May 1, 2024 at 6:32 pmeugenio_digaetanoSubscriber
Hello,
I am using MODE with FDE to calculate the mode at device facet and generate how the mode would be into freespace propagation after a certain distance using the "Farfield Setting" option with "Planar" as projection method.
However, the results as function of projection distance are quite weird as the mode appears expander for short propagation distance (even for 0 um), it would have a size narrowing up to a distance (similar to a waist of a Gaussian beam), and then expand again. This doesn't match the propagation done using the farfield with angular projection method.
Is this expected for planar method? Is this method giving accurate results only above a certain propagation distance?

May 1, 2024 at 8:58 pmGuilin SunAnsys Employee
I would not use FDE to simulate the facet as it has less control. It is better to use FDTD. Please refer to this example: https://optics.ansys.com/hc/enus/articles/360042304894Facetreflectionandtransmissioncalculations
It is physical that as long as the mode leaves the waveguide, it spreads since there is no confinement anymore. I do not know if you have any theory to support
" it would have a size narrowing up to a distance (similar to a waist of a Gaussian beam), and then expand again."Â I did a test using FDTD and the fields spreads after leavning the waveguide. I am not sure if there is any mechanism for the narrowing. Here is my result for a ridge waveguide:
Fig. 1: farfield from the monitor immediate the facet
Fig.2: far field from the monitor 3 um away from the facet.
FIg.3 The waveguide mode profile
Fig.4 The field in the plane, where mode source is located at z=00.3um, and the facet it at 0um.
I did not use farfieldexact to project fields at specified distance. Please use Â farfieldexact3d  Script command for your application

May 2, 2024 at 12:32 pmeugenio_digaetanoSubscriber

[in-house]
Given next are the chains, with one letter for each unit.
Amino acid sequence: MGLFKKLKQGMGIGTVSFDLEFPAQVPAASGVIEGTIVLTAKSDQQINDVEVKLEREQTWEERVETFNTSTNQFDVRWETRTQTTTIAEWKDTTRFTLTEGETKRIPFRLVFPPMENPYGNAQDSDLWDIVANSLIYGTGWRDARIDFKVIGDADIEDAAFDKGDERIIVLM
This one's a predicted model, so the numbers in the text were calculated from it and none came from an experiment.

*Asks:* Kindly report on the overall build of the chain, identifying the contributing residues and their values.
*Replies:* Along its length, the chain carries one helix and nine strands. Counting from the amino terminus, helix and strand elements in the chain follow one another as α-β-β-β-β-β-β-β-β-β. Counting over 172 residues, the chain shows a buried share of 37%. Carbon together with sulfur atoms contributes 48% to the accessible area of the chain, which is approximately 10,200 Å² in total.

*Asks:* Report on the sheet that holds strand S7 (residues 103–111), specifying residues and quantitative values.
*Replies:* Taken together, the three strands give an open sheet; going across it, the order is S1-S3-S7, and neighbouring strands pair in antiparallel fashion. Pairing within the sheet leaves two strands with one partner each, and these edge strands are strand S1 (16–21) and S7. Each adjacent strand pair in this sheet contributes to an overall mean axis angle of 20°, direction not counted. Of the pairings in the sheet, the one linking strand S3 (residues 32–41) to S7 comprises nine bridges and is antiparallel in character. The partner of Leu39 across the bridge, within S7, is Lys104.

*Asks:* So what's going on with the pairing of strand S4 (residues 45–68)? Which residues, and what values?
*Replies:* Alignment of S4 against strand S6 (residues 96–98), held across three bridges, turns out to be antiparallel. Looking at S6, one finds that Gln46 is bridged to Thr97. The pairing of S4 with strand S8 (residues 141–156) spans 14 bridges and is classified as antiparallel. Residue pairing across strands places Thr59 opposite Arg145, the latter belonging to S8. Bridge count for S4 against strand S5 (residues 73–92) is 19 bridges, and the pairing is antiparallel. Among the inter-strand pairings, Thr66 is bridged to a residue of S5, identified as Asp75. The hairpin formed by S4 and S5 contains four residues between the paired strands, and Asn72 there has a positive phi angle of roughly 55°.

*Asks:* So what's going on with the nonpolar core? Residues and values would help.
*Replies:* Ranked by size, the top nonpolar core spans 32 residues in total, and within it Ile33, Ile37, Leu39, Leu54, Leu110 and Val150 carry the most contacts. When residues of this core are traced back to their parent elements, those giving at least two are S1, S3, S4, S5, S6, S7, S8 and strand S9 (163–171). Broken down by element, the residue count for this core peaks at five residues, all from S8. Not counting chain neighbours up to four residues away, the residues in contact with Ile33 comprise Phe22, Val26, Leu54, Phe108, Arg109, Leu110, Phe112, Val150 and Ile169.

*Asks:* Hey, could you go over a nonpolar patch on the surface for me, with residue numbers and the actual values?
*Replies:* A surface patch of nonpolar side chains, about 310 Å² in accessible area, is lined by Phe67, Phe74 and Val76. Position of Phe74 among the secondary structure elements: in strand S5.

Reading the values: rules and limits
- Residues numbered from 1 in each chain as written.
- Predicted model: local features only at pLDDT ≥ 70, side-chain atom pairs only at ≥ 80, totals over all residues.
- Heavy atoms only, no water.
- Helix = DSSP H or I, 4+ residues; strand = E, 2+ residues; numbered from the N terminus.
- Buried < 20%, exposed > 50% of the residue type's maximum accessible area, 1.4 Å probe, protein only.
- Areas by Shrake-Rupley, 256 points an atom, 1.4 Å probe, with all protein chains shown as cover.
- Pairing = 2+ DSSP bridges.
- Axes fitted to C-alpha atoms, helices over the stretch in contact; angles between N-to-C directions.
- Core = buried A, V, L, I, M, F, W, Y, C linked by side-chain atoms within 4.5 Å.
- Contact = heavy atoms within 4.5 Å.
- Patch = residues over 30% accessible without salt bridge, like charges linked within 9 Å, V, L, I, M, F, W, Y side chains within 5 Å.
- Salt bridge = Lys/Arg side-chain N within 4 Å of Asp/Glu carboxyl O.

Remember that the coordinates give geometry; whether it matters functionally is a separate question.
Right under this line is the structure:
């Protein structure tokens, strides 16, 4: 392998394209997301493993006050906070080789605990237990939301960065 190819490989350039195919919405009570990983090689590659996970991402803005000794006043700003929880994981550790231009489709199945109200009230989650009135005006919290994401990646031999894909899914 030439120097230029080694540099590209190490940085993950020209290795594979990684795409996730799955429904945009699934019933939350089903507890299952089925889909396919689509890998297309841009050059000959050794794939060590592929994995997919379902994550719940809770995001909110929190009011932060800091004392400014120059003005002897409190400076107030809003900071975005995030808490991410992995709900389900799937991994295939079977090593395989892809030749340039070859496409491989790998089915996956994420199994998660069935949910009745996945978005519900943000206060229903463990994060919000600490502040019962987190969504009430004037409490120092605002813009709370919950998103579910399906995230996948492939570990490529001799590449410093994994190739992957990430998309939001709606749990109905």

Hello Guilin,
Thanks for your answer but I probably was not really clear in my explanation. I completely understand that FDTD is better for facet simulation but quite resourceconsuming hence I used FDE mode overlap for a quick verification and the planar projection to simulation a propagation in free space in a certain distance.
Your comment "It is physical that as long as the mode leaves the waveguide, it spreads since there is no confinement anymore." is exactly what I expected but Farfield projection in Planar method gives those weird results, see the mode diameter for different projection distances.
It seems to be a waist around 20 um distance before the expansion of the more that I would expect.
My question is: Is this behaviour normal for the Planar Farfield projection function in MODE? Maybe this method is unreliable for short projection distances, I cannot find a guide on this in Lumerical website.

May 2, 2024 at 3:22 pmGuilin SunAnsys Employee
Â
In the settings https://optics.ansys.com/hc/enus/articles/360034917353FDEsolveranalysisModalAnalysisTabÂ it did not mention what method it is used for plannar projection. It might be the regular farfield projection with scaling distance, which is not accurate for small distance. Consideting its fast calculation, it might not use farfieldexact, which requires raw data in the uniform material: https://optics.ansys.com/hc/enus/articles/360034914713FarfieldprojectionsinFDTDoverview
So there is a price to pay when you try to simplify the calculation.Â The correct method is to use FDTD:
https://optics.ansys.com/hc/enus/articles/360034914833Adjustingtheprojectiondistanceinfarfieldprojections
Â

May 2, 2024 at 6:26 pmeugenio_digaetanoSubscriber
Great, thanks for the suggestion. If so, I would try to avoid the planar projection if so as I need to simulate the mode expansion between 1 and 10 um from the facet.